Tuesday, 1 April 2014

Time to Get Serious About Laughter?

“Laughing Yogi” Joe Hoare explains the remedial benefits of laughter yoga.

It’s time to take laughter seriously’, says Dr Madan Kataria, founder of laughter yoga. Laughter has benefits on every level, including mindfulness and presence. These benefits are activated by the act of laughing itself and not by humour, and this is the basis for laughter practices world-wide.

Laughter yoga practices have a long pedigree. In Awakening the Laughing Buddha within my co-author Stephen Russell, the Barefoot Doctor, writes that the state of laughter readiness is a core Taoist principle, one with great antiquity. The Taoist insight is that sometimes laughing at the madness of life is the only sane response. As my valued co-author, his Taoist perspective on modern laughter practices adds depth to contemporary techniques.

The heart of laughter practices, whether in laughter yoga, laughter therapy or my own nls: natural laughter skills is the practice of laughter for its own sake. The benefits come from the act of laughing itself, not from waiting to find things funny. The curious and rather lovely spin-off is the more you laugh, the more you find to laugh about. This is where the mindful, empowering and healing dimensions take effect.

Laughter practices make you present. Whether you use them as a meditative practice or as a distraction, they pull attention into the present moment. When we have our attention in the present moment, we are not fretting about the past nor worrying about the future. This is the state of mindfulness. Associated with this state is a sense of peacefulness and happiness because except in exceptional circumstances, when you bring your attention into the ‘Now’ you experience joy. The progression, therefore, is that via mindfulness and empowerment, laughter practices help you access your own innate sense of joy. After all, as Deepak Chopra says: “True spirituality means not taking ourselves too seriously.”

As we outline in Awakening the Laughing Buddha within, laughter practices are easily initiated by smiling exercises, the experiential approach to Louise Hay-style affirmations.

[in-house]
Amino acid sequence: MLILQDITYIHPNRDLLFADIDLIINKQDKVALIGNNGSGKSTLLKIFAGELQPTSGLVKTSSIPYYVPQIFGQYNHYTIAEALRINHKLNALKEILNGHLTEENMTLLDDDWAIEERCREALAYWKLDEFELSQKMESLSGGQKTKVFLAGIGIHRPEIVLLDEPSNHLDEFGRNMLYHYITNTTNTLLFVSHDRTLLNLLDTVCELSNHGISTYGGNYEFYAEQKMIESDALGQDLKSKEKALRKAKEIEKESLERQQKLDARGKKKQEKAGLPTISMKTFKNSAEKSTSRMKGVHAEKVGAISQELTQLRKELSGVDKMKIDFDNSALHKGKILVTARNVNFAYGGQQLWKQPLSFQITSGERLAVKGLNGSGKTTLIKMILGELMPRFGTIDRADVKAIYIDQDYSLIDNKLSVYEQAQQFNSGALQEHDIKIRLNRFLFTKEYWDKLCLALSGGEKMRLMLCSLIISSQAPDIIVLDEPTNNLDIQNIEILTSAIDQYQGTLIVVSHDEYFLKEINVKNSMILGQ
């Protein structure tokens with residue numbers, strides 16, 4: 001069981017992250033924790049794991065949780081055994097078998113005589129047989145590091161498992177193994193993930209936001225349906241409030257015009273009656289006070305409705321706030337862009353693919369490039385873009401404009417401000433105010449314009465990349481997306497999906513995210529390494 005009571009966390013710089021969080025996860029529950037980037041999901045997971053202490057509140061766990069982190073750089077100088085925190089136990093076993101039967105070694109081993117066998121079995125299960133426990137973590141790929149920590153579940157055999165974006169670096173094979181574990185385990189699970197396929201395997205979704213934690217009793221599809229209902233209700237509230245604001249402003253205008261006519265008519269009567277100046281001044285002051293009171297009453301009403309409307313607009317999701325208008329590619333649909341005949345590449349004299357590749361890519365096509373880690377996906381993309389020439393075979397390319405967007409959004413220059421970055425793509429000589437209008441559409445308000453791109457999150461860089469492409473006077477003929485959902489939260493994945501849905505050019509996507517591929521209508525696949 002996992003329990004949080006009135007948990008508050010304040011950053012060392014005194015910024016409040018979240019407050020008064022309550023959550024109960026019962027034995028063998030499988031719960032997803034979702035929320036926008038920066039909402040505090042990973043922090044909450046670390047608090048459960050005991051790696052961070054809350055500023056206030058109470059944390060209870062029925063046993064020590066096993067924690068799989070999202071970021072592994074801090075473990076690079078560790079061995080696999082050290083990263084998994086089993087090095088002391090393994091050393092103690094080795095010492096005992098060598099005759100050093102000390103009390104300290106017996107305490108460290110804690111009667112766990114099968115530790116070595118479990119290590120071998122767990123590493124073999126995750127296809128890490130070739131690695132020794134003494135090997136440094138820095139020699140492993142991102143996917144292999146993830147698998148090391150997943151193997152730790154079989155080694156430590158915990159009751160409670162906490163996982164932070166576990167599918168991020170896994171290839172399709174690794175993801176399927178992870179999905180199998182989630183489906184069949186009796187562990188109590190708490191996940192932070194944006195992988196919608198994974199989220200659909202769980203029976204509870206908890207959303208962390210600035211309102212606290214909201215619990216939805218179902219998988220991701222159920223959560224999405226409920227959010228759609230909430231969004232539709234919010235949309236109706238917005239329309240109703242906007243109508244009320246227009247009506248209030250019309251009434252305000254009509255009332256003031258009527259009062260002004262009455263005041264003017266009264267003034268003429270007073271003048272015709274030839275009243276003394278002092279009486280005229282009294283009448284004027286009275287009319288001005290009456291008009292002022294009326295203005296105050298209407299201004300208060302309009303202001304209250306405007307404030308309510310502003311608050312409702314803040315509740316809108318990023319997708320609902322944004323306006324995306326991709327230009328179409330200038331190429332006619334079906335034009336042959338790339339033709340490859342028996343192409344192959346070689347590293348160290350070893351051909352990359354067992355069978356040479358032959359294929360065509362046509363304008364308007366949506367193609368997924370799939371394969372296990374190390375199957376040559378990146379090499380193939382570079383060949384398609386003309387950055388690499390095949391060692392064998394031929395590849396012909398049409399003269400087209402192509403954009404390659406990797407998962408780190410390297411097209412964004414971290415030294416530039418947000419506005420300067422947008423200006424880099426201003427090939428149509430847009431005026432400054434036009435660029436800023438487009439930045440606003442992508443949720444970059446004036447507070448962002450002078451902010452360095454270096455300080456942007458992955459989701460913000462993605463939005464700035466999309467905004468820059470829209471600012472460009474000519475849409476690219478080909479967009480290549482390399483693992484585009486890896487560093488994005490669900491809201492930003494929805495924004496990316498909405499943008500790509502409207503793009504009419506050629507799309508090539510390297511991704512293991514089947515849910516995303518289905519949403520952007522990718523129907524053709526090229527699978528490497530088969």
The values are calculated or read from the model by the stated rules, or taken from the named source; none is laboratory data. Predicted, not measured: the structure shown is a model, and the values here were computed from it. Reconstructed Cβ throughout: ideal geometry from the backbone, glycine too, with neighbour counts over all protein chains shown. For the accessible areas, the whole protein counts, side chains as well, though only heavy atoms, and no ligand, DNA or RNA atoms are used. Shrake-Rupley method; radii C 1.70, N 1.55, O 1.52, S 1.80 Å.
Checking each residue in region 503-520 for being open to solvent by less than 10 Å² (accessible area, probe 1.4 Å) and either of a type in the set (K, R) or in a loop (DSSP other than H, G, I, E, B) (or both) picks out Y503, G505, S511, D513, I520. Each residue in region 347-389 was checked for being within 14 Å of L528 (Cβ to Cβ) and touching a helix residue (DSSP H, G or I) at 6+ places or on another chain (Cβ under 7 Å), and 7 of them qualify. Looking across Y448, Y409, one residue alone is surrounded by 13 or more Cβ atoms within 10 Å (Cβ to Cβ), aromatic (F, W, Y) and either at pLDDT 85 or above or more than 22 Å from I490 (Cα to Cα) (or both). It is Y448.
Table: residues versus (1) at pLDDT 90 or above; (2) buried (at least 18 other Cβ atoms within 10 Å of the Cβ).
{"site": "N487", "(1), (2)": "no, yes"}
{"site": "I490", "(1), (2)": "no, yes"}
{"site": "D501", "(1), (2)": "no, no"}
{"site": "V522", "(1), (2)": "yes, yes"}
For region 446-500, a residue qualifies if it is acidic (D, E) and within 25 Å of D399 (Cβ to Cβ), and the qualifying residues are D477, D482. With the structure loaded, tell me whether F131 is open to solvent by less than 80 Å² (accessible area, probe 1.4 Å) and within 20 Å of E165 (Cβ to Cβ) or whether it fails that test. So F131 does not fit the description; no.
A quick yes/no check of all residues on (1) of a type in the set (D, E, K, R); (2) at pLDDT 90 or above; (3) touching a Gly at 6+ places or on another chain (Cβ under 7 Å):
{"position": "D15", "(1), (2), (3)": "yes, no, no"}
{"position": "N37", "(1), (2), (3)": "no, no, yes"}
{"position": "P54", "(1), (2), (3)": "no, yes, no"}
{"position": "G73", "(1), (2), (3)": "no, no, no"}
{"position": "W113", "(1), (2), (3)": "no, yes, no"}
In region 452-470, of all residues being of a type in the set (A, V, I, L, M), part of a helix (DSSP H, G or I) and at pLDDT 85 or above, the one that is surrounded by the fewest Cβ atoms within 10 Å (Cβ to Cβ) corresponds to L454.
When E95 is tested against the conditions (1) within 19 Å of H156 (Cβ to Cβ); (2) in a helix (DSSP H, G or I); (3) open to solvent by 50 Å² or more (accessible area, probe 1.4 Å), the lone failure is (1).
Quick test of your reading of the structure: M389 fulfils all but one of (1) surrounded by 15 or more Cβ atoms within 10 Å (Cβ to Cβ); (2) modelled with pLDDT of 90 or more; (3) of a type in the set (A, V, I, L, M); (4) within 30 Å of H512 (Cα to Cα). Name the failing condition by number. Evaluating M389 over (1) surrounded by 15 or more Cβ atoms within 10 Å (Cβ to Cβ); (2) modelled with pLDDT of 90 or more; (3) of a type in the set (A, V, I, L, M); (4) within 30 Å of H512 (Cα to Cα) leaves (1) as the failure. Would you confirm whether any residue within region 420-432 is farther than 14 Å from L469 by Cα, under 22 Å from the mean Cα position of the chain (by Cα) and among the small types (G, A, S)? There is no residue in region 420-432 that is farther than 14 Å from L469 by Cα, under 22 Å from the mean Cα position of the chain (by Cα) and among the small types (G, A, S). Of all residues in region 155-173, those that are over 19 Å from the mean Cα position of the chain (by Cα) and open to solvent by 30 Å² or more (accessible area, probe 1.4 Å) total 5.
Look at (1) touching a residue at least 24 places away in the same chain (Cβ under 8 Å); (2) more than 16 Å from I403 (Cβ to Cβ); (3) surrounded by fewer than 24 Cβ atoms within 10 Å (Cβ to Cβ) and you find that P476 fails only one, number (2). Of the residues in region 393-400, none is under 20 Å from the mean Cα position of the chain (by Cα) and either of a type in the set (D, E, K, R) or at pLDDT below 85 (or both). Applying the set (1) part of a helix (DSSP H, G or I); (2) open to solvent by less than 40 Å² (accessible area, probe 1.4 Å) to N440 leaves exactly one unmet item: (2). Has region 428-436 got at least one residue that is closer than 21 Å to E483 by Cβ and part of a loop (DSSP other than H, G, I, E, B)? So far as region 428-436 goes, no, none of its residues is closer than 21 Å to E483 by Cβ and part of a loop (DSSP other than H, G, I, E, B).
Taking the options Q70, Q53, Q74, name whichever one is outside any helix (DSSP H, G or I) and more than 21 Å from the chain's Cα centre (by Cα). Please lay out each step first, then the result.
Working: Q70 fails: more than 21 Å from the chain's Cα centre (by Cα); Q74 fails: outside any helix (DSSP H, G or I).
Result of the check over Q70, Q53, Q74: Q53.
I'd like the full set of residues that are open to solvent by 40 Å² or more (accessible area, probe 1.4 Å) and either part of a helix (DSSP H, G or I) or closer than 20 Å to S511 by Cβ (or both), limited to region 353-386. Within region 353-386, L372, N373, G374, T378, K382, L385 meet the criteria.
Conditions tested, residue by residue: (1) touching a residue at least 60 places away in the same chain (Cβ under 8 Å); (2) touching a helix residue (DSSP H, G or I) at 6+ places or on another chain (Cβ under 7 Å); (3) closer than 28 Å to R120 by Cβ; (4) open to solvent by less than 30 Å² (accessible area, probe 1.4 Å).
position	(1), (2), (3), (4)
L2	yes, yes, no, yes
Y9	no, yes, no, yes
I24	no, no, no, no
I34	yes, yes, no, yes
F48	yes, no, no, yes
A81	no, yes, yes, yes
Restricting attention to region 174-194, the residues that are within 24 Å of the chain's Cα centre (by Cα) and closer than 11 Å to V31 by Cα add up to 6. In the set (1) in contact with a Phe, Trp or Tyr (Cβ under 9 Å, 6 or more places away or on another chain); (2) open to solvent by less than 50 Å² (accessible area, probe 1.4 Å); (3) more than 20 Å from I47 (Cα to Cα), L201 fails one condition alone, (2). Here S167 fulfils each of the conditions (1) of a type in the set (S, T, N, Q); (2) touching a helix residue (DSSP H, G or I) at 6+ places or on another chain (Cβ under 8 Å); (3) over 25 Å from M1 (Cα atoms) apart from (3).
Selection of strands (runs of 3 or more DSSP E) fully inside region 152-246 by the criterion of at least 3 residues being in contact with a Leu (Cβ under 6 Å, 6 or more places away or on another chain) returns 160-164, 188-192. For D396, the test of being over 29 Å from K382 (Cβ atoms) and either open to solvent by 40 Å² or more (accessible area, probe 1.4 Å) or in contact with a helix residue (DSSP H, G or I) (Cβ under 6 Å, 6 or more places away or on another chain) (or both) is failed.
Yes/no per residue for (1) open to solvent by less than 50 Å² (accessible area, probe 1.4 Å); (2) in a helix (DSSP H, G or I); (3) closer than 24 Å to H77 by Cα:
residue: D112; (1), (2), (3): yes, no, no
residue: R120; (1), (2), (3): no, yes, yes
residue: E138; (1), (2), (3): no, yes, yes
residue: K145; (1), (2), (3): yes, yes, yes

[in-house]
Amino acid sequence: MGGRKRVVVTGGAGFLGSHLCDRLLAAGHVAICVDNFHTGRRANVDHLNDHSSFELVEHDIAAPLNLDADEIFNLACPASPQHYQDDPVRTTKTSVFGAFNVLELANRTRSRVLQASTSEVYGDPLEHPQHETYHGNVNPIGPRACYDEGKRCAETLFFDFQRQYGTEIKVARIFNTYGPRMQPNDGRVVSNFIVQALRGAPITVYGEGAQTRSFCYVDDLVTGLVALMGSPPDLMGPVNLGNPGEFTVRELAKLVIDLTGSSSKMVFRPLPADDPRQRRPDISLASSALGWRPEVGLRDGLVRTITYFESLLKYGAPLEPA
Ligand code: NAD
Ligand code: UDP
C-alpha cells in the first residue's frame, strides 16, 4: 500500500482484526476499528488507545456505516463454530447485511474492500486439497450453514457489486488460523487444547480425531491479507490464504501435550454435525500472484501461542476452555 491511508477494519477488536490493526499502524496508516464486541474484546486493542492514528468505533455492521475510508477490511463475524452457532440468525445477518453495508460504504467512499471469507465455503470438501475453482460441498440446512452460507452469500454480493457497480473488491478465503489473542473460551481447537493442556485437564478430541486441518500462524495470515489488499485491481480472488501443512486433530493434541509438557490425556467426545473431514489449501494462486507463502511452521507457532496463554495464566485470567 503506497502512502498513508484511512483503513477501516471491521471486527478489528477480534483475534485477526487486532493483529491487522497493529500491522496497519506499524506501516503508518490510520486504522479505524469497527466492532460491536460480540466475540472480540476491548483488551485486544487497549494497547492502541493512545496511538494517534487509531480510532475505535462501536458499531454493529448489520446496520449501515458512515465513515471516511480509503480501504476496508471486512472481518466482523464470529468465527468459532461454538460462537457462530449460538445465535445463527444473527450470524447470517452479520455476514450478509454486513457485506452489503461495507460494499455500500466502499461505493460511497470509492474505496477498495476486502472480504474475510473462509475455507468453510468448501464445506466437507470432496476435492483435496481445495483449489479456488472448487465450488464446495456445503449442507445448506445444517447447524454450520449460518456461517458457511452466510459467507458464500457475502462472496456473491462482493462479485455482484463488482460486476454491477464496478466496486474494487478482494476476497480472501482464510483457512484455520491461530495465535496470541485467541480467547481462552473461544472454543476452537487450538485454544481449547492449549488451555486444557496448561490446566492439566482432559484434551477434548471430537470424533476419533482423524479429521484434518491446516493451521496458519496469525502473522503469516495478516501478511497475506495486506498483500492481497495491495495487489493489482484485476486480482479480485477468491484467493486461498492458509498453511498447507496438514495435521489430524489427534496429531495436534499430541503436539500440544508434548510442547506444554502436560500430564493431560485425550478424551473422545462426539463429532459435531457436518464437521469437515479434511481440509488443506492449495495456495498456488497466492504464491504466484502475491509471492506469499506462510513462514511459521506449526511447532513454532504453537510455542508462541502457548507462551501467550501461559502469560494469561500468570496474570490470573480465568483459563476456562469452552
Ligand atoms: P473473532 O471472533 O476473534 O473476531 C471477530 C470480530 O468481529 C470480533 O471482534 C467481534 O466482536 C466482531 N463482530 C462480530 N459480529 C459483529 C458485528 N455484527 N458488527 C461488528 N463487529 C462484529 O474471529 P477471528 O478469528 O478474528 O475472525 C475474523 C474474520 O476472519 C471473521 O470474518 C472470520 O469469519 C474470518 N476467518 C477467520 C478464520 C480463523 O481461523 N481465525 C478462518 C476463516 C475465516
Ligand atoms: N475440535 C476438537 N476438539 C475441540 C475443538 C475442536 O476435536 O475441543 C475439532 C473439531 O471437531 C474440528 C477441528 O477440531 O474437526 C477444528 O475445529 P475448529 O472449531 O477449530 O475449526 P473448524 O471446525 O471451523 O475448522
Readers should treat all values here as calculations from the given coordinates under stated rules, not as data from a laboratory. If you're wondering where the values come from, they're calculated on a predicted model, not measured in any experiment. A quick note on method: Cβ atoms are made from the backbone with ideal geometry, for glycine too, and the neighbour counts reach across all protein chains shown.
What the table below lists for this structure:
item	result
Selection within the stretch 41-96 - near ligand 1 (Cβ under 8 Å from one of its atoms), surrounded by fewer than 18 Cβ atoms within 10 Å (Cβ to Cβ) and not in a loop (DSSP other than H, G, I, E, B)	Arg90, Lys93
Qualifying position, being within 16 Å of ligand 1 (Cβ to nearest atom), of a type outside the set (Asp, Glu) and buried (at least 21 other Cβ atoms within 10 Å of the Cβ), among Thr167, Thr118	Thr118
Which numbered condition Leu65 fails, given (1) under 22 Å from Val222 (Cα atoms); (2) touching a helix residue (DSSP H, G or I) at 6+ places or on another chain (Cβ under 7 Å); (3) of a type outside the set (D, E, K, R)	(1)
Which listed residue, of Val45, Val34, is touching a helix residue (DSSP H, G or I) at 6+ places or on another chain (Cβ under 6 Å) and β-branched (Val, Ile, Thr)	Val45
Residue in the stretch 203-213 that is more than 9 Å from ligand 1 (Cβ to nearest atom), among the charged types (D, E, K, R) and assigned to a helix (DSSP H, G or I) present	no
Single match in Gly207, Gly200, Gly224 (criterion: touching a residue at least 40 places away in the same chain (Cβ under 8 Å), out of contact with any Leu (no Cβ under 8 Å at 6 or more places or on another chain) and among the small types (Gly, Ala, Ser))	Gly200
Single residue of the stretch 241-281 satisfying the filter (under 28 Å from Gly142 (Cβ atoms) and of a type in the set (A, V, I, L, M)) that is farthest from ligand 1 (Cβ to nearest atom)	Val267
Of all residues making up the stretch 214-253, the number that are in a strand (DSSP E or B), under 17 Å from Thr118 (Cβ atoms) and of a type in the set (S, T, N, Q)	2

They are surprisingly effective: ‘Vedant has really taken what you said on board and now everyone at our hospice is doing their 15 second smiles morning and evening. The patients respond really well to such a simple device - it is lovely to see the effect it has.’ (Christine West, Chair, National Association of Complementary Therapists in Hospice and Palliative Care)

Smiling exercises are exactly what they say – exercises in putting a genuine smile on your face and holding it there for at least 10-15 seconds. To keep it genuine requires an effort of will, also known as willingness. This willingness changes your mindset by inducing a sense of positivity in the same manner as a classical Louise Hay affirmation.

Smiling exercises are an easy starting point into the 5-stage model of walk the walk, feel the feelings, speak the words, think the thoughts, and live the life. Using this model, your whole being becomes engaged with the process. The cumulative effect transforms people’s lives, as a student of Joe’s laughter therapy testified:

I am writing to tell you what a positive and lasting effect the Laughter workshop has had on me. The workshop itself was fun, but also deeply serious in intent. Since then my husband’s deteriorating condition has put an almost unbearable strain on me. I have been practising the techniques I learned that day and sometimes they transform the situation and lift my spirits. I can’t begin to tell you what a difference that makes.’ (Carer delegate, Somerset Partnership NHS Foundation Trust).

With evidence like this, isn’t it time for us all to add this approach to our spiritual tool-kit?

Joe Hoare is one of the UK’s leading Laughter Yoga therapists. He has dedicated himself to encouraging people to connect with their benign, creative individuality and to perform at their best. A charismatic facilitator of courses, workshops, retreats and one-to-one sessions, he is author of new book Awakening the Laughing Buddha Within, co-authored with Barefoot Doctor.

Joe is facilitating his next LFS: Laughter Facilitation Skills course on Friday 25th & Saturday 26th April at the Unitarian Chapel in Bristol. This course includes his nls: natural laughter skills. He is also hosting a laughter yoga seminar with the legendary “Grandfather of Laughter Yoga”, Dr Madan Kataria of India, founder of laughter clubs international, on Monday 9th June in Bristol.
For further details visit Joe Hoare’s website: www.joehoare.co.uk

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